Ok .. this is a strange one as I have NOT seen this before. I have an application that is strictly a Service ... no browser involved ... and all I want to do is use alert(); for debugging. The only problem is that it causes an Object Expected error even if it is a simple alert("Show me!");

Remember ... this code is not attached to any form or browser. So what am I missing? I thought I could use the alert call at any time in Javascript ... Please folks, help a poor programmer out!

Thank you in advance, Eric

  • What is running the code if not a browser? Is this node or something? – sequoia mcdowell Mar 6 '13 at 20:59
  • It's a service type of call. The code on the front side of things is a form scraper for information to pass into the javascript guts of the service so to speak. I am trying to debug it using alert but it is not working .... – Eric Olson Mar 6 '13 at 21:02
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    Once again, can you clarify the environment you're working in? If you're not running in a browser, alert likely doesn't exist. You may be able to use console.log to the same effect. When you execute this code, how are you running it? Is there an application you're executing? Is it node? PhantomJS? – Max Pollack Mar 6 '13 at 21:33
  • Environment is not your text editor. Javascript isn't compiled; by its nature it has to be executed by another application. Are you opening the javascript file on a web page in a browser? Are you running an executable on your local machine? When you're testing it you must be executing it in SOME environment... we need to know what that environment is. Are you running a batch file? Can you open it and paste the contents? There has to be some way to find out what is executing your code. – Max Pollack Mar 6 '13 at 21:43
  • Batch file executes the javascript files. I have figured a way to debug it ... although it is very convoluted. I have to write out the information I want to see to a text file ... – Eric Olson Mar 6 '13 at 21:49

Like praneeth already suggested in his reply, it is a Windows WScript thing, or rather just context in which the script is being run in.

This also works and isn't quite as verbose as what praneeth offered:


if you are executing this script on a windows machine you can do like this in javascript/Jscript

Var Shell = new ActiveXObject("WScript.Shell"); Shell.Popup("Your Debug message");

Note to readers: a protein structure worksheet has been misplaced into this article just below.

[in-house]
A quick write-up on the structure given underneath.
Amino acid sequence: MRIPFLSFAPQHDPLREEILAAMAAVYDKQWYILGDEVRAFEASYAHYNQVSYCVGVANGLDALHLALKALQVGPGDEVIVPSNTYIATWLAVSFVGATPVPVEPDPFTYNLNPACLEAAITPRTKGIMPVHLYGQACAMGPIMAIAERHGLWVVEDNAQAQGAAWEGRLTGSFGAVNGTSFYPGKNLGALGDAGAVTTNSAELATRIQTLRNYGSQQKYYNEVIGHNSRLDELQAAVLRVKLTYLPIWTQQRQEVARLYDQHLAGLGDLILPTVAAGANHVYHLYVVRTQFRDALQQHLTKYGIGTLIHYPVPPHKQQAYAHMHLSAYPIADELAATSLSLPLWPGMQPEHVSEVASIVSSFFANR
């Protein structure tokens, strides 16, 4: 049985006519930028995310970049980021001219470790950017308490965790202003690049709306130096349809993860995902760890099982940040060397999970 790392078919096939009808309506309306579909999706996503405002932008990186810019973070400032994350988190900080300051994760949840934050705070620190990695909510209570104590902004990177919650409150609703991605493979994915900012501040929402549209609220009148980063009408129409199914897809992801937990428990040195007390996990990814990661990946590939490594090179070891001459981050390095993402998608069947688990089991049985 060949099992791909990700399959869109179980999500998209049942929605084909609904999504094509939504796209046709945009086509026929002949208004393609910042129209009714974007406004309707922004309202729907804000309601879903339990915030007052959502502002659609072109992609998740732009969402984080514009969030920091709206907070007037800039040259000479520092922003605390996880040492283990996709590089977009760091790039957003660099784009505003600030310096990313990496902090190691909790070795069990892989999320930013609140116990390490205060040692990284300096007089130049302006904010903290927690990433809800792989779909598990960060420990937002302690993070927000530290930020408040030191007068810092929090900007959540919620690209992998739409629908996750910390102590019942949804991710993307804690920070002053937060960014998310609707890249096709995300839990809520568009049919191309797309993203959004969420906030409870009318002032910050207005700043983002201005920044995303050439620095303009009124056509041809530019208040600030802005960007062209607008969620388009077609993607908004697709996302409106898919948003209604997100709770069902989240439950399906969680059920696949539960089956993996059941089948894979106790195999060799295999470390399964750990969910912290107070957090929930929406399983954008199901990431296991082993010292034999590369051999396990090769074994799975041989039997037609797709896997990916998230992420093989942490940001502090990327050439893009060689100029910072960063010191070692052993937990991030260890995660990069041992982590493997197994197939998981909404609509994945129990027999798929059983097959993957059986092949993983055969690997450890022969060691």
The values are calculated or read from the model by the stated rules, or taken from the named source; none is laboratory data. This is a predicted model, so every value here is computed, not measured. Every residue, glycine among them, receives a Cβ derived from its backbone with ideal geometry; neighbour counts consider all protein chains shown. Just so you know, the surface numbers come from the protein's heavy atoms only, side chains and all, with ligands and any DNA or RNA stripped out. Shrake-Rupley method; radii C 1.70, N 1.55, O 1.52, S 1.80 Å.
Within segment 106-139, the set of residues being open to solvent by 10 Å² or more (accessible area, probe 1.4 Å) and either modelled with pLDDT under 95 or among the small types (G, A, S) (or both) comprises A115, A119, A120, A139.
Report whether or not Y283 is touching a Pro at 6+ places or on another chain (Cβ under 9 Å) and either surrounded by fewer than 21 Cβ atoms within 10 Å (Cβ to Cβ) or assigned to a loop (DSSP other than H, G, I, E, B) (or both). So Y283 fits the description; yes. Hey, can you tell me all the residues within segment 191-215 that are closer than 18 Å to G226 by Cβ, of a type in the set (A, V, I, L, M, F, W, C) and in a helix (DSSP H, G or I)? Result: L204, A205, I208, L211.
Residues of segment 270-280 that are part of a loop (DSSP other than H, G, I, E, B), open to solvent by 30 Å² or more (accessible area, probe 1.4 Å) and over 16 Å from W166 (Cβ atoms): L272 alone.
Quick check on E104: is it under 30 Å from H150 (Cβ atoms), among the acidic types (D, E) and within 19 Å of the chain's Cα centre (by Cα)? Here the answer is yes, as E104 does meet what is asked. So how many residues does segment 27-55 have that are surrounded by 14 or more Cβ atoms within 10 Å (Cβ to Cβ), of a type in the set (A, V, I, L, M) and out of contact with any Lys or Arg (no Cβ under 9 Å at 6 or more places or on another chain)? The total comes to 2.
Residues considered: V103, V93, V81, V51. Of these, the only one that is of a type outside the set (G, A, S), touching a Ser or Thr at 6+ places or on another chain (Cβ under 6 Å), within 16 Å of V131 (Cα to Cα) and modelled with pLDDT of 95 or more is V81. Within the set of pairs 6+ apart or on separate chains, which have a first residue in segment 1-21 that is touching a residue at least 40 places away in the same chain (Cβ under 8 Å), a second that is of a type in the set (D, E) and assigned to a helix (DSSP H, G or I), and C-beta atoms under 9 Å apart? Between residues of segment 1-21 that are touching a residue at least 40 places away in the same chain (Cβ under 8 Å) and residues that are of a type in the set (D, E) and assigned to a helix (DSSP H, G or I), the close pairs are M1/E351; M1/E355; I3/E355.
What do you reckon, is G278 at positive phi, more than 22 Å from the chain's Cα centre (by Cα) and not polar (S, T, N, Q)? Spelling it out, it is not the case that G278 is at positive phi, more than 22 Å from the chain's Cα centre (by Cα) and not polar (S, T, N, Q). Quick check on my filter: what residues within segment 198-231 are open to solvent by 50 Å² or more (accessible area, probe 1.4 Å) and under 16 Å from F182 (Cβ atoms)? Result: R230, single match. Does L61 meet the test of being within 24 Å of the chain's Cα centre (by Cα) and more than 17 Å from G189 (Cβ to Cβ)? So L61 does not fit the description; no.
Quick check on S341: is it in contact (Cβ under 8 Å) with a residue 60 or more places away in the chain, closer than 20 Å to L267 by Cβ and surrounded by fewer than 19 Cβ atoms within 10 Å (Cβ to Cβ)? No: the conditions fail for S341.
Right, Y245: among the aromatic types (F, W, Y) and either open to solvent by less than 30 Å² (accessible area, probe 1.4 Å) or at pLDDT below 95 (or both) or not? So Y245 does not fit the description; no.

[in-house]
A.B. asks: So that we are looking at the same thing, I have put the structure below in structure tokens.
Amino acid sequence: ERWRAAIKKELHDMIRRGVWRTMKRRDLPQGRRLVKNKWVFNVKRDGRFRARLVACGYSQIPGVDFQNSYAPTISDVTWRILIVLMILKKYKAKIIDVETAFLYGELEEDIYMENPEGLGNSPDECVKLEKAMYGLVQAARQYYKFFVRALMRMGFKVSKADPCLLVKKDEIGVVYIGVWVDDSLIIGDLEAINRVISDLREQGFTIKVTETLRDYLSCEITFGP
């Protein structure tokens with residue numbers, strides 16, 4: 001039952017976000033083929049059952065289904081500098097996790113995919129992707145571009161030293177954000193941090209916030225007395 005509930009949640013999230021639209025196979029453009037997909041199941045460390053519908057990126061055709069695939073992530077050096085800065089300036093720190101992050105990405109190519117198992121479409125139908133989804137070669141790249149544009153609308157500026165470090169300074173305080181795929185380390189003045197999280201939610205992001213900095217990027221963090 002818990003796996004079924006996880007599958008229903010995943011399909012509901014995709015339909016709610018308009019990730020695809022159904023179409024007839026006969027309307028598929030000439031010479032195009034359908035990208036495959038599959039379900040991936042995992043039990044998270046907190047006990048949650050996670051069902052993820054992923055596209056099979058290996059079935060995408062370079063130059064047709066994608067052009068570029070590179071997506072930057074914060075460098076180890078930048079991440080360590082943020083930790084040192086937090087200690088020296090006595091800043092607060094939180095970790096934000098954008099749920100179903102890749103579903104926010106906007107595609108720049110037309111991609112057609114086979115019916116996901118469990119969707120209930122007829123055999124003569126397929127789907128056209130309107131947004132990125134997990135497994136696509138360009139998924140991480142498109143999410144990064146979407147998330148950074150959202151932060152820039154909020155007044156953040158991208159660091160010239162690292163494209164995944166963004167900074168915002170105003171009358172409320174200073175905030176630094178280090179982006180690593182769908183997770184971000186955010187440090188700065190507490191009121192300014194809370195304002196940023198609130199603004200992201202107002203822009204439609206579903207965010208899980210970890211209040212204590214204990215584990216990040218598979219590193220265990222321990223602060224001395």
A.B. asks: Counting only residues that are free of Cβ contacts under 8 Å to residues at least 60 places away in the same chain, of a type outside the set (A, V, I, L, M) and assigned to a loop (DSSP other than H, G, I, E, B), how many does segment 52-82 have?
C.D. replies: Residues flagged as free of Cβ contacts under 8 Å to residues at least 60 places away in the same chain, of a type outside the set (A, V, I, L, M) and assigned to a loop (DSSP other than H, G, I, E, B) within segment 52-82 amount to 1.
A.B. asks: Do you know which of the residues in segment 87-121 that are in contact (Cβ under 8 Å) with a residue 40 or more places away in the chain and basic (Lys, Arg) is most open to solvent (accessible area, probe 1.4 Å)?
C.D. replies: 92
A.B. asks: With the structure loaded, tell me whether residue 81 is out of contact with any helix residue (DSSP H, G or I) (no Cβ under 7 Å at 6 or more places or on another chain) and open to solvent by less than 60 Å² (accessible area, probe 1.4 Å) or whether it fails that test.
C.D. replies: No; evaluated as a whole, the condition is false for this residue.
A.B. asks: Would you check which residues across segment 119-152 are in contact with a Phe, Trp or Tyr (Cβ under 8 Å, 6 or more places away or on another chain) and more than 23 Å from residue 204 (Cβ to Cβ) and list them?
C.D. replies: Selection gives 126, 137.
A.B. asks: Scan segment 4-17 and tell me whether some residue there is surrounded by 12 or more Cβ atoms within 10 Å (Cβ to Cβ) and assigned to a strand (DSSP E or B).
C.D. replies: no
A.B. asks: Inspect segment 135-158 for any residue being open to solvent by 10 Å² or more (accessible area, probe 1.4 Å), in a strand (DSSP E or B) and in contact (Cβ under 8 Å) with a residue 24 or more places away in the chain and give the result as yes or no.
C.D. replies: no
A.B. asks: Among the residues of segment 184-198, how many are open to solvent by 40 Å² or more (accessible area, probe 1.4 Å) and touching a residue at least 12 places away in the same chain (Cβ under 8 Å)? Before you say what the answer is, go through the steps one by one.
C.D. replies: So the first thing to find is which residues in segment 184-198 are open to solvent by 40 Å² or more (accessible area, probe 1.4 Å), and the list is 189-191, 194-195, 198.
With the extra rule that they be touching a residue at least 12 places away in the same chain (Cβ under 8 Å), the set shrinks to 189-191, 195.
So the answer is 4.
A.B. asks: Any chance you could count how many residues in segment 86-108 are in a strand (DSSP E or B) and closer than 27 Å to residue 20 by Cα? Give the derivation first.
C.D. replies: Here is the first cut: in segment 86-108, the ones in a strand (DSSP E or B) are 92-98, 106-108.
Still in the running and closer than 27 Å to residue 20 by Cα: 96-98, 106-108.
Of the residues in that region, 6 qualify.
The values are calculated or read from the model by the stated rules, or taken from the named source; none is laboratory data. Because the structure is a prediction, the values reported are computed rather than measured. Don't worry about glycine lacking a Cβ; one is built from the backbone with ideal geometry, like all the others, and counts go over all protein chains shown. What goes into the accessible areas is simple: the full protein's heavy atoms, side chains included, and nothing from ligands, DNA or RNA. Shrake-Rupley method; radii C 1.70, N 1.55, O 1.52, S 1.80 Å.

• may i suggest you change Var to var because JavaScript is case sensitive. the code you posted might throw an error. – Ronnie Matthews Jun 7 '16 at 8:01

The alert() method is one of the JavaScript browser Window object's methods which displays an alert box with a message and an OK button.

The window object represents an open window in a browser. If a document contain frames, the browser creates one window object for the HTML document and one additional window object for each frame.

I believe that in the specified case, the error means that the Window expected object has not been found.

  • Thank you Tolis. That makes perfect sense ... then how do I get an alert to show if there is no Window object immediately available? – Eric Olson Mar 6 '13 at 21:08
  • Do not test your JavaScript code through alerts.. You should use a JavaScript unit testing framework like Qunit qunitjs.com – Apostolos Emmanouilidis Mar 6 '13 at 21:32
  • No ... I am not testing ... debugging. I am not sure how QUnit would work with the functionality I am trying to figure out. The problem is not being able to see what's going on while the code is processing. I can't debug it properly anyway. – Eric Olson Mar 6 '13 at 21:38

Have you tried window.alert("show me");?

Since alert() is a Window object method.

  • The result is "window is undefined." Thank you for the input though Chirag64 ... – Eric Olson Mar 6 '13 at 21:11
  • What platform / JavaScript interpreter are you using? – Chirag Bhatia - chirag64 Mar 6 '13 at 21:21
  • Excellent question. This code was not written by our shop and I do not see ANYWHERE in the code what platform it is using. We are editing it through Notepad ++. – Eric Olson Mar 6 '13 at 21:24
  • Maybe some other files with that code file would give you a hint. Try to see if there are any library files within the code. Also this might be a stupid question, but does this current file have a .js extension? – Chirag Bhatia - chirag64 Mar 6 '13 at 21:27
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    I think he is trying to run the .js file directly on the machine, as in running it under the WScript.Exe (WSH environment.) – Ronnie Matthews Jun 7 '16 at 7:52

If you're not running in a browser, you might have better luck using the console.log method - again, it's very hard to tell you specifically what to do without any detail of what environment you're executing the script in.

  • A batch file executes the javascript files. Sorry I was unclear about it earlier. – Eric Olson Mar 6 '13 at 21:42
  • Can you paste the contents? – Max Pollack Mar 6 '13 at 21:47
  • I'm not sure if I can do that ... kind of a particular shop I am working out of ... I have figured out how to debug though. It's a pain in the neck, but at least I get to see what's happening with the data as it moves through the code. I am having to write out the object information to a text file to see what happens to it as it moves through. I apologize for the frustration ... and I do appreciate the help ... – Eric Olson Mar 6 '13 at 21:58
  • Just the contents of the batch file. Even the executable name without parameters. – Max Pollack Mar 6 '13 at 21:58

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